Criminal Conflict and Civil Regional Counsel glitch bills refiled
Florida’s five Criminal Conflict and Civil Regional Counsels are again pushing legislation to address various legal glitches and ensure their attorneys are treated the same as assistant public defenders and assistant state attorneys.
Candice Brower, the CCCRC for the area covered by the First District Court of Appeal, said this year’s bills are close to last year’s effort to address several minor issues that have lingered since the CCCRC system was created in 2007. The CCCRC’s are charged with representing indigents in criminal cases when the circuit public defender has a conflict and representing indigent parents when the state seeks to terminate their parental rights, among other duties.
“Just like last year, it eliminates confusion on our function and purpose,” Brower said. “It allows us to continue to do what we were created to do.”
The bills address a number of matters such as guaranteeing that CCCRC attorneys have the same access to courthouses and court records as public defenders and state attorneys; that their addresses and other personal information are similarly protected; that CCCRC’s have the same authority as state attorneys and public defenders on witness coordination in cases; that CCCRC attorneys have access to confidential Chapter 39 records similar to guardians ad litem, probation officers, and law enforcement; and that CCCRC investigators have the same death benefits as investigators for public defenders, state attorneys, and law enforcement.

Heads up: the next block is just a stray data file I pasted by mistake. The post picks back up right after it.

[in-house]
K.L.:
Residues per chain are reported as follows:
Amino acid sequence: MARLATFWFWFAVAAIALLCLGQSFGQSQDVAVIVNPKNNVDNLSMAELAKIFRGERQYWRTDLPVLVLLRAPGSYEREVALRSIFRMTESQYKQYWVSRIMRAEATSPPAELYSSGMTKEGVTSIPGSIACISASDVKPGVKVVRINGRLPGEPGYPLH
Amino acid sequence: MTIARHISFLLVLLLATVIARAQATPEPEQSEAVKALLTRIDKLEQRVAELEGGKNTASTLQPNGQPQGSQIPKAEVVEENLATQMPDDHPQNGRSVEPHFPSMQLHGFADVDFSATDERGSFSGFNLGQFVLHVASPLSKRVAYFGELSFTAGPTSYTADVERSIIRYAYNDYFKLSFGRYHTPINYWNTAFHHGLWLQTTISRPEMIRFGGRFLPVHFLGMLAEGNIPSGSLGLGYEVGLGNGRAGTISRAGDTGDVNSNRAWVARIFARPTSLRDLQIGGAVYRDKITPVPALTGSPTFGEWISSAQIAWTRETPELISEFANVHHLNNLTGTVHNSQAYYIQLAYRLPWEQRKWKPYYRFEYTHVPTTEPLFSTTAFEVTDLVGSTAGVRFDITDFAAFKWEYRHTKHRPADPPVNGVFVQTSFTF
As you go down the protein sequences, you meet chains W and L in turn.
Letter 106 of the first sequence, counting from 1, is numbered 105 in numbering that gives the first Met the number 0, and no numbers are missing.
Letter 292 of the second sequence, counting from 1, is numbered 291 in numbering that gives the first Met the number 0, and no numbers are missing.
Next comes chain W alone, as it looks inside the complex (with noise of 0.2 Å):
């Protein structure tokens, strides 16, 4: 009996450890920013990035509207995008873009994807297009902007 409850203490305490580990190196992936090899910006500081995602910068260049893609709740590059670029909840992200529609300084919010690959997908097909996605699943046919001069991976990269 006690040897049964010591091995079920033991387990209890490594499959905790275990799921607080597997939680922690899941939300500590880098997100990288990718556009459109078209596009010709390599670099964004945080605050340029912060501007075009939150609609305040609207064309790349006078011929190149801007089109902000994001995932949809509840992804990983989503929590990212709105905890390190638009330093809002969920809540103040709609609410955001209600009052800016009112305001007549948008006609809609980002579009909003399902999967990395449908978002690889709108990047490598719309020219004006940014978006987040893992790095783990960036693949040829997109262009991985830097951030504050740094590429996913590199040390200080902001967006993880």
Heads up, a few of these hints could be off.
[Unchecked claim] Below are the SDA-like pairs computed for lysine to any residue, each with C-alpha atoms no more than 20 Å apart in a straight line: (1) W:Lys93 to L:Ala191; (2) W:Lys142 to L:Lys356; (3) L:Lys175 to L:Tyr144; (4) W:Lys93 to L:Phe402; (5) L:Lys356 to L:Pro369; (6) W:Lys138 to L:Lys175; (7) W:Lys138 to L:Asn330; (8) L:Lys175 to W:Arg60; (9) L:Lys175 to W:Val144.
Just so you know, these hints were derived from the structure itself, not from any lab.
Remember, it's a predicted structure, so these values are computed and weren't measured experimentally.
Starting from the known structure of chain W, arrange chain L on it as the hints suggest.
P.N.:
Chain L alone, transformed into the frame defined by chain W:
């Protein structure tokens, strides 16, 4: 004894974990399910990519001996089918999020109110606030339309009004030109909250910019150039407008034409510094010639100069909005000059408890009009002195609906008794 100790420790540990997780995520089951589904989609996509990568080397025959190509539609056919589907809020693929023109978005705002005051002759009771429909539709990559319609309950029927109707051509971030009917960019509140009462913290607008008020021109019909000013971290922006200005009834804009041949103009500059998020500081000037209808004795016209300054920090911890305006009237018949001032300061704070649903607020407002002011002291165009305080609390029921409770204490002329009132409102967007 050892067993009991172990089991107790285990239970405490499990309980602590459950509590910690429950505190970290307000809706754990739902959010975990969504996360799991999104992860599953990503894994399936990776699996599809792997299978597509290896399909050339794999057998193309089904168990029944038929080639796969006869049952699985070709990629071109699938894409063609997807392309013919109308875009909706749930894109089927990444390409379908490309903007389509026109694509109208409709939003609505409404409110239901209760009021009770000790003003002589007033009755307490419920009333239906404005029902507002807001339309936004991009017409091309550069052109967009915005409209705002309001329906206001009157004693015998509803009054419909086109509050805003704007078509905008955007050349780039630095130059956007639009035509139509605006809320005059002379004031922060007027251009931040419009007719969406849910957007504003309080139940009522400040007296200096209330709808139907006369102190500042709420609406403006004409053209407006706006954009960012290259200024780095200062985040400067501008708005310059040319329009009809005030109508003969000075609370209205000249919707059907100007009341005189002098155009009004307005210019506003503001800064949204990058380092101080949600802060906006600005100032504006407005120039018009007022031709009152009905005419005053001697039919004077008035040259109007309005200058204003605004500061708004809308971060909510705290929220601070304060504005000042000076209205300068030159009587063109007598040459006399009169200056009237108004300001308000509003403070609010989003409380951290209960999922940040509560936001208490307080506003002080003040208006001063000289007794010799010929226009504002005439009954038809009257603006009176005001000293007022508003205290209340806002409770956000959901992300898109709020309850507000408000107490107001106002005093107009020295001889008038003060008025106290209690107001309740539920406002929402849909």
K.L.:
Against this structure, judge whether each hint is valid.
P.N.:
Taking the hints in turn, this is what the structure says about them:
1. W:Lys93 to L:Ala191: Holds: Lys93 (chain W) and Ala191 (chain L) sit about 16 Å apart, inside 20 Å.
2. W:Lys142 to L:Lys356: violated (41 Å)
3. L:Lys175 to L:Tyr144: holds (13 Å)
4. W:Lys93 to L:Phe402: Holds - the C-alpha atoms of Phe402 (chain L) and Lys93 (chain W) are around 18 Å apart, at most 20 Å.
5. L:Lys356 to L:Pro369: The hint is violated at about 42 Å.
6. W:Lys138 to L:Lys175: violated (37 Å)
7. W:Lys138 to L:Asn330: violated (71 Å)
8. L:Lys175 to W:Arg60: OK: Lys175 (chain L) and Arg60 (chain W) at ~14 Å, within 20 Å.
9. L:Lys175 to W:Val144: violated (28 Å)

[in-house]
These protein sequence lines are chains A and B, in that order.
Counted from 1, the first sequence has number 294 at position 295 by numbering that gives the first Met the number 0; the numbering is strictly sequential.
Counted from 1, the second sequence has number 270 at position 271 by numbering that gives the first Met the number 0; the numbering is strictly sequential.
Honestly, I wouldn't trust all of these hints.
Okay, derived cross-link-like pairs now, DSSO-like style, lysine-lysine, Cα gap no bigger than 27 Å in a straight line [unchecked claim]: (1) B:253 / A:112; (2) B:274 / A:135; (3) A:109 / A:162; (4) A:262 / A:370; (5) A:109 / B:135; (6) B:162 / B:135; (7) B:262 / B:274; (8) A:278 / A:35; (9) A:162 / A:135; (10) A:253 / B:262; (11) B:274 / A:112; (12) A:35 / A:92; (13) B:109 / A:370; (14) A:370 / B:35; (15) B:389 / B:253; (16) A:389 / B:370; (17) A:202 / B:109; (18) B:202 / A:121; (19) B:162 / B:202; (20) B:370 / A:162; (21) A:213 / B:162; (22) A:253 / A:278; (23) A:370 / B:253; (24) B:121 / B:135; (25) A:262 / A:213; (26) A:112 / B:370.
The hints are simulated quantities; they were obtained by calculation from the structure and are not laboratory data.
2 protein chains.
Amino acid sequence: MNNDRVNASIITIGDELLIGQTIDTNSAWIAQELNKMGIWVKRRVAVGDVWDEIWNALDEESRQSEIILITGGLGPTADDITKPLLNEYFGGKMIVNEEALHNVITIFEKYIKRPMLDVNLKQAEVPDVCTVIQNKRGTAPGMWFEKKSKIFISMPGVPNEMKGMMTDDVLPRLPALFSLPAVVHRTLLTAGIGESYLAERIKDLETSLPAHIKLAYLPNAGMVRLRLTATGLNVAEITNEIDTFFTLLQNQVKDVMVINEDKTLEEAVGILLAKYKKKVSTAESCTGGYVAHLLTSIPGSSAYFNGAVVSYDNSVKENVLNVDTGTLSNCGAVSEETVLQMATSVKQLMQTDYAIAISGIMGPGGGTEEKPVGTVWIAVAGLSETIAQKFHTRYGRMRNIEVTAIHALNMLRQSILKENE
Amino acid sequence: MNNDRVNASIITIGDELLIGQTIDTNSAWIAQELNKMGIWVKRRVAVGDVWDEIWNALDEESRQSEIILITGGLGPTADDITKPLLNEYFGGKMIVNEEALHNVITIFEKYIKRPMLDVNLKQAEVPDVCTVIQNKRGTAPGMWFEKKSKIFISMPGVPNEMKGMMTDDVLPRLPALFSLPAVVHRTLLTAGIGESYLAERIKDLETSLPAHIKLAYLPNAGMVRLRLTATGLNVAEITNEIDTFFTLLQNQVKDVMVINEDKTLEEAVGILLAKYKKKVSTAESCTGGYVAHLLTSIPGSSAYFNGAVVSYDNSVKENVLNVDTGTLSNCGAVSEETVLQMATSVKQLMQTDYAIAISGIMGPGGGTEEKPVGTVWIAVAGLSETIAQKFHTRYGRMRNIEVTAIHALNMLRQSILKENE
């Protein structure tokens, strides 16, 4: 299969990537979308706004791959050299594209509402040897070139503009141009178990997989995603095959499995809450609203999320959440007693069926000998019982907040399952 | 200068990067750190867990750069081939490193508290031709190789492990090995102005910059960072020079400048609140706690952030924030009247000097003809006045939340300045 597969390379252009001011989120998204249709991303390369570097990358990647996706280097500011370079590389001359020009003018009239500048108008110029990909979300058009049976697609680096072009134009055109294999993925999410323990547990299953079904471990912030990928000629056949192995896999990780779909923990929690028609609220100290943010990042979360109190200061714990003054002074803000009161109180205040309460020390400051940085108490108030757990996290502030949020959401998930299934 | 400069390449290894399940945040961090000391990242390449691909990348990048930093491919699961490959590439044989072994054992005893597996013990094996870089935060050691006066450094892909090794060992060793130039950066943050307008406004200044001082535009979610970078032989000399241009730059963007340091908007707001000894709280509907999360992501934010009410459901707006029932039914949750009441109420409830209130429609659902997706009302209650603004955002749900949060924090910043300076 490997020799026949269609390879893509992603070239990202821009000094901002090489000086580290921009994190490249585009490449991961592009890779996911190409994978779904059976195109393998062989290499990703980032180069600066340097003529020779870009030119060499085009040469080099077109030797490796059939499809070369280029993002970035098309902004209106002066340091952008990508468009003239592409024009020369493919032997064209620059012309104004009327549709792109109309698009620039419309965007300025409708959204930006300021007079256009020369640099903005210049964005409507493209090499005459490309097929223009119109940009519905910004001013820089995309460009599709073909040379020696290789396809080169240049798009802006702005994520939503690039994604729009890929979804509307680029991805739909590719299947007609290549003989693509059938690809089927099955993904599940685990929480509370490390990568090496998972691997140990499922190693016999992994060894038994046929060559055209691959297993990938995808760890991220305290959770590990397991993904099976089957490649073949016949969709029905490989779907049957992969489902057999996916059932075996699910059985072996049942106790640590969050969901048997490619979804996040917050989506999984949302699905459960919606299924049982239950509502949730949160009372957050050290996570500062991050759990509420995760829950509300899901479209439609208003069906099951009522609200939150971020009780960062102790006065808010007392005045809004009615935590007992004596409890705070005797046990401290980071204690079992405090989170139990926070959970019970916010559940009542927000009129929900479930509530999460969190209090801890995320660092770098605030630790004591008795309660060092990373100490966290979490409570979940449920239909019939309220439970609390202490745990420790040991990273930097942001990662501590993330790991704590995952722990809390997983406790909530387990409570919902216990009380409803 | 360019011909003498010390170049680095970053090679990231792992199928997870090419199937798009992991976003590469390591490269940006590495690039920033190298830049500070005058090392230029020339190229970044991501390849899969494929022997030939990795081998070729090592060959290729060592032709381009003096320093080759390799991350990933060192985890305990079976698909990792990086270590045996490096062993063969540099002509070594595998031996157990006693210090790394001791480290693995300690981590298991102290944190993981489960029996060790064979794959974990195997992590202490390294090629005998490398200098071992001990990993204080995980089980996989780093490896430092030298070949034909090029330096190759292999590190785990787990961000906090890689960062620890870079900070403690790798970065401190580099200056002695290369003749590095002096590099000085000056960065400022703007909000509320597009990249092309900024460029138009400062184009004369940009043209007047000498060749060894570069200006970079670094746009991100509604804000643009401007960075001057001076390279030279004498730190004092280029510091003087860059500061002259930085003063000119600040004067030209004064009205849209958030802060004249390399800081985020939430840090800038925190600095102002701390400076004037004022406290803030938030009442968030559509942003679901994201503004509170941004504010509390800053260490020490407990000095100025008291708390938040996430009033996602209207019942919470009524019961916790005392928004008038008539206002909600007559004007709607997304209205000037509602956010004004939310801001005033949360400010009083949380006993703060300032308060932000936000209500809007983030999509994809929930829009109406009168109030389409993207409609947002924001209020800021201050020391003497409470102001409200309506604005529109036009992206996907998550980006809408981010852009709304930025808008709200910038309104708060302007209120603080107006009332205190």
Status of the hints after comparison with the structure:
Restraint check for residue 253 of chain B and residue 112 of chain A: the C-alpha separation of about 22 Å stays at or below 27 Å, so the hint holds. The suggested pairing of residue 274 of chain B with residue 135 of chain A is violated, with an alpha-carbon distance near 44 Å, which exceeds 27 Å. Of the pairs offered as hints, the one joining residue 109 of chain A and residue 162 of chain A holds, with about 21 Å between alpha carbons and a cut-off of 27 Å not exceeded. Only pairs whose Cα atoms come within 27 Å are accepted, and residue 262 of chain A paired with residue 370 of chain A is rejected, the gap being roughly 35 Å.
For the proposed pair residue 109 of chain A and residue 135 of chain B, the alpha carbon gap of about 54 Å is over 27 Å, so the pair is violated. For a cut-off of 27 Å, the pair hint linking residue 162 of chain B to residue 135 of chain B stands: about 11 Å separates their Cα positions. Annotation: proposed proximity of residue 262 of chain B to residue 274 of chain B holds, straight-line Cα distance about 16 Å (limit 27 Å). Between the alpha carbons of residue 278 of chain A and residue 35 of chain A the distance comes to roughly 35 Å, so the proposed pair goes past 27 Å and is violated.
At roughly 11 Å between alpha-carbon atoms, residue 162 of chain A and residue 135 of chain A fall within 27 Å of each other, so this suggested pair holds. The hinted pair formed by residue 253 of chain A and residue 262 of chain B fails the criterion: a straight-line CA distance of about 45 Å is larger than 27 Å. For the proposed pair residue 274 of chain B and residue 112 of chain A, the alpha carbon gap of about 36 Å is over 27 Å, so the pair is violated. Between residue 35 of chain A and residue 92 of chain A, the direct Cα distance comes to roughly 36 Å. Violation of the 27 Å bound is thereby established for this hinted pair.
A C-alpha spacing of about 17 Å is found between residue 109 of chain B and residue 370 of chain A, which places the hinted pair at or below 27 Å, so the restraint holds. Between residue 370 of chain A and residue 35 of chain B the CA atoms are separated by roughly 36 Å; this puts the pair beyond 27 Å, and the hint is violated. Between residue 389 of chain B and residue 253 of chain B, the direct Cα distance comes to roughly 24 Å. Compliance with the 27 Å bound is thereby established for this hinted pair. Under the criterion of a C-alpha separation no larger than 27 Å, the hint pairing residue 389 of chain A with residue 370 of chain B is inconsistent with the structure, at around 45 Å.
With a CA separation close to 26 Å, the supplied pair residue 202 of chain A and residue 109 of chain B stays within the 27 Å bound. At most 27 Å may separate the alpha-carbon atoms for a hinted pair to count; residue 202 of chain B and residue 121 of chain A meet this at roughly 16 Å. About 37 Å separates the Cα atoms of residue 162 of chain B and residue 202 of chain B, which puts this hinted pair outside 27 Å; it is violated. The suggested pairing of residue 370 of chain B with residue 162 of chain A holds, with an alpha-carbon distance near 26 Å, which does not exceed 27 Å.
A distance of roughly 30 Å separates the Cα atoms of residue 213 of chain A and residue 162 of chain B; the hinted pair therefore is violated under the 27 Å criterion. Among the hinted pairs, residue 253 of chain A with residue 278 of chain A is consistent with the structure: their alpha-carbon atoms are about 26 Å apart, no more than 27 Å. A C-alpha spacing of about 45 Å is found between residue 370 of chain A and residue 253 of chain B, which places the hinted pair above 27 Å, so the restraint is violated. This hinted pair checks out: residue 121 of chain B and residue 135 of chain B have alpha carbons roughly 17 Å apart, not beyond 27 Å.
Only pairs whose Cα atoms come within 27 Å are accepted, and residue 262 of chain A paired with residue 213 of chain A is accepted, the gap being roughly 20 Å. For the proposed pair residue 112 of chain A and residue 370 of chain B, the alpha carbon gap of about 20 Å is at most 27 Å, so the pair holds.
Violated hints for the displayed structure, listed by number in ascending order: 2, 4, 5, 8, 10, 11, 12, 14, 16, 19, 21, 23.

“Most people already treat us the same, giving us courthouse access the same and record access the same, but there really isn’t any statutory basis. Some people don’t understand what a regional counsel is,” Brower said. “It highlights who we are just in case there’s any confusion.”
There are also a couple other provisions in the bills. One tweaks the way CCCRCs are appointed. Current law has the Supreme Court Judicial Nominating Commission as well as the current CCCRC make nominations. The bills would remove the CCCRC from that role, but also require the JNC to renominate an incumbent CCCRC if he or she seeks reappointment. The JNC also could nominate up to three other candidates. The governor would continue to make the final choice.
In addition, the bills remove the CCCRCs pay plans from direct oversight of the Justice Administrative Commission, but would continue to mandate they follow state policies and that the plans be reviewed by the Senate president and speaker of the House.
“It wouldn’t change our pay plans, it would allow us to change it if we needed to without having to wait until [the JAC] convenes and go through the process,” Brower said, adding the CCCRCs would then follow the same process as Capital Collateral Regional Counsels.
There was broad support for the bill last year, she said, but they got lost amidst other legislative priorities. She’s hopeful this year will have a better outcome.